The human capital of Central-Eastern and Eastern Europe in European perspective
We trace the development of numeracy in Poland and Russia from the early 17th century onwards, and numeracy in Belarus, Ukraine, and Lithuania from the 18th century onwards. The fact that western Poland was doing relatively well during the 16th and early 17th centuries, but was not able to converge to Western European levels during the 17th, 18th, and early 19th centuries, and even fell back relative to Southern Europe during this period, might support the hypothesis that the second serfdom development was one of the core factors delaying Eastern European human capital accumulation. The major wars in the region also had a devastating effect on numeracy levels.
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- Friesen, Julia & Baten, Jörg & Prayon, Valeria, 2012. "Women Count: Gender (in-)equalities in the human capital development in Asia, 1900-60," University of Tuebingen Working Papers in Economics and Finance 29, University of Tuebingen, Faculty of Economics and Social Sciences.
- A'Hearn, Brian & Baten, Jörg & Crayen, Dorothee, 2009.
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The Journal of Economic History,
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- Brian A'Hearn & Jörg Baten & Dorothee Crayen, 2006. "Quantifying quantitative literacy: Age heaping and the history of human capital," Economics Working Papers 996, Department of Economics and Business, Universitat Pompeu Fabra.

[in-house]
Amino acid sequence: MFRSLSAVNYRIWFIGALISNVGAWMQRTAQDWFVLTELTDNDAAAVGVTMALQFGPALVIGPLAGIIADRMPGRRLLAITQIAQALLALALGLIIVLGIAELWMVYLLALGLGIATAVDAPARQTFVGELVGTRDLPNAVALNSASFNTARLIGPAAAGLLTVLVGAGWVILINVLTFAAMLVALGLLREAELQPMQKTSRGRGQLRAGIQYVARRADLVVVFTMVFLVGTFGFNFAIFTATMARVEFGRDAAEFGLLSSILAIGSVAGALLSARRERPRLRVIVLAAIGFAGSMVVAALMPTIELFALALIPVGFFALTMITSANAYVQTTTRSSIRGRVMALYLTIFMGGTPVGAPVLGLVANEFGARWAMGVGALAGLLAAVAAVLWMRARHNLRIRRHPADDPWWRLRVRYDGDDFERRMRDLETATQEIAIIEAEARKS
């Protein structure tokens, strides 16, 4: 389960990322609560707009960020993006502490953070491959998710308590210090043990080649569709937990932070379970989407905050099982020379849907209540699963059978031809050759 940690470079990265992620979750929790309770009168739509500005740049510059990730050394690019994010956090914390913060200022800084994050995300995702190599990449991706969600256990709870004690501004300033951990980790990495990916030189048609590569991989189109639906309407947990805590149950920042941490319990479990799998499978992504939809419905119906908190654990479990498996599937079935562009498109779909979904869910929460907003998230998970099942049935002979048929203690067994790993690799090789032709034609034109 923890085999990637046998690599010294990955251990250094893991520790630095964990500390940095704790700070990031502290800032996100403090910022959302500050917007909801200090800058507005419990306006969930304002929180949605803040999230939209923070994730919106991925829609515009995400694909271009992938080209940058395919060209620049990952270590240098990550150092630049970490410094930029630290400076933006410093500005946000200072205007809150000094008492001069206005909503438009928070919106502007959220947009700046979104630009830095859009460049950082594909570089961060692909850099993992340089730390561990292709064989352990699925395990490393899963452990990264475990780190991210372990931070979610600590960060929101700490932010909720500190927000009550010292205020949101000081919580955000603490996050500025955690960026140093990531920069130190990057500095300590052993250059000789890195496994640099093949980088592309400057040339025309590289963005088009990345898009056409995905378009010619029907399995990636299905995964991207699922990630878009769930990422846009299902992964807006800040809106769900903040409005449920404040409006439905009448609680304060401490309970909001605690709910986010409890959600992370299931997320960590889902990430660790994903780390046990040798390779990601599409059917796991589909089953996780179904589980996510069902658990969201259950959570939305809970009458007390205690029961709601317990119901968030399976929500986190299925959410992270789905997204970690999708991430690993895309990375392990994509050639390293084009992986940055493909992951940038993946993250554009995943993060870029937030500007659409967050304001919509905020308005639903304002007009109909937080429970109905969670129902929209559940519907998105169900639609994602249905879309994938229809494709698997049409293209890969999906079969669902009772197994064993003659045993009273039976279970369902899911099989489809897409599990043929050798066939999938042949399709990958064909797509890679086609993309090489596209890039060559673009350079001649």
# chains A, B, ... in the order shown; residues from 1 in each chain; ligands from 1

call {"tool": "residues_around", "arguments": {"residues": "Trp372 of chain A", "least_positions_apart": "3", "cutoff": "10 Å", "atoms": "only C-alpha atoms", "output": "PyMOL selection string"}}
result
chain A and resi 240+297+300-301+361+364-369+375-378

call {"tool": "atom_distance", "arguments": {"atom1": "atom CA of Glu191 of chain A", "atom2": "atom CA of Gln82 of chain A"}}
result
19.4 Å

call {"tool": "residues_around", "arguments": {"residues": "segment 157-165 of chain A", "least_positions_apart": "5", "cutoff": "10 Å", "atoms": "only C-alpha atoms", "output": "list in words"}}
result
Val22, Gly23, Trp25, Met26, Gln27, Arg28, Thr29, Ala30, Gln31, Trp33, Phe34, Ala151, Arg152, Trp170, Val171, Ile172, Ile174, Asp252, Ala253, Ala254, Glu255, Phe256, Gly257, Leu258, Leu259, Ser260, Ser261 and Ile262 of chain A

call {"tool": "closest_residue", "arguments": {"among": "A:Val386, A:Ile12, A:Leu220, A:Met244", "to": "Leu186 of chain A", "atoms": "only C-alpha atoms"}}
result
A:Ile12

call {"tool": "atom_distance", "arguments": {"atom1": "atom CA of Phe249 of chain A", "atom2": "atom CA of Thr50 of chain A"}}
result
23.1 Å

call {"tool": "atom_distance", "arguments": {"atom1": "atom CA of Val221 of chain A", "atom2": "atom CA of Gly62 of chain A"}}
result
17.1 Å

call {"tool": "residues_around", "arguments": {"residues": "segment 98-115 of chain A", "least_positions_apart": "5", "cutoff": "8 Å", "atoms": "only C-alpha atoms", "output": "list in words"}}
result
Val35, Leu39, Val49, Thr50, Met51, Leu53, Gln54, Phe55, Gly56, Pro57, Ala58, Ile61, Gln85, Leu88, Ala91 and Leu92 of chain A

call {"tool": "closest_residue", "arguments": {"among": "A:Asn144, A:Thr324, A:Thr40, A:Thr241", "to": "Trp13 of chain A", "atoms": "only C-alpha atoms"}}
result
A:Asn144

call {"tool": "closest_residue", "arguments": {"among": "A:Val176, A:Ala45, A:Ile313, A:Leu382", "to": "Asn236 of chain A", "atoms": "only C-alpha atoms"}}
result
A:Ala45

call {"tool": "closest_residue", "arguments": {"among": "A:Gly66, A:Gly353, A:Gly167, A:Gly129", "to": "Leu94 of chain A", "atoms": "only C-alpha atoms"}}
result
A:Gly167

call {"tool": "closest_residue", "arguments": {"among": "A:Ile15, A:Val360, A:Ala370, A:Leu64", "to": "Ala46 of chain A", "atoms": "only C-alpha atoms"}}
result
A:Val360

- A'Hearn, Brian & Baten, Jörg & Crayen, Dorothee, 2009. "Quantifying Quantitative Literacy: Age Heaping and the History of Human Capital," CEPR Discussion Papers 7277, C.E.P.R. Discussion Papers.
- Koepke, Nikola & Baten, Joerg, 2005. "The biological standard of living in Europe during the last two millennia," European Review of Economic History, Cambridge University Press, vol. 9(01), pages 61-95, April.
- Köpke, Nikola & Baten, Jörg, 2003. "The biological standard of living in Europe during the last two millennia," Tübinger Diskussionsbeiträge 265, University of Tübingen, School of Business and Economics.
- Yvonne Stolz & Joerg Baten & Jaime Reis, 2013. "Portuguese living standards, 1720–1980, in European comparison: heights, income, and human capital," Economic History Review, Economic History Society, vol. 66(2), pages 545-578, 05.
- Nafziger, Steven, 2008. "Communal Institutions, Resource Allocation, and Russian Economic Development: 1861–1905," The Journal of Economic History, Cambridge University Press, vol. 68(02), pages 570-575, June.
- Jörg Baten & Dorothee Crayen, 2008. "Global Trends in Numeracy 1820-1949 and its Implications for Long-Run Growth," CESifo Working Paper Series 2218, CESifo Group Munich.
- Nafziger, Steven, 2010. "Peasant communes and factor markets in late nineteenth-century Russia," Explorations in Economic History, Elsevier, vol. 47(4), pages 381-402, October.
- Ogilvie, Sheilagh & Edwards, Jeremy, 2000. "Women and the “Second Serfdom”: Evidence from Early Modern Bohemia," The Journal of Economic History, Cambridge University Press, vol. 60(04), pages 961-994, December. Full references (including those not matched with items on IDEAS)
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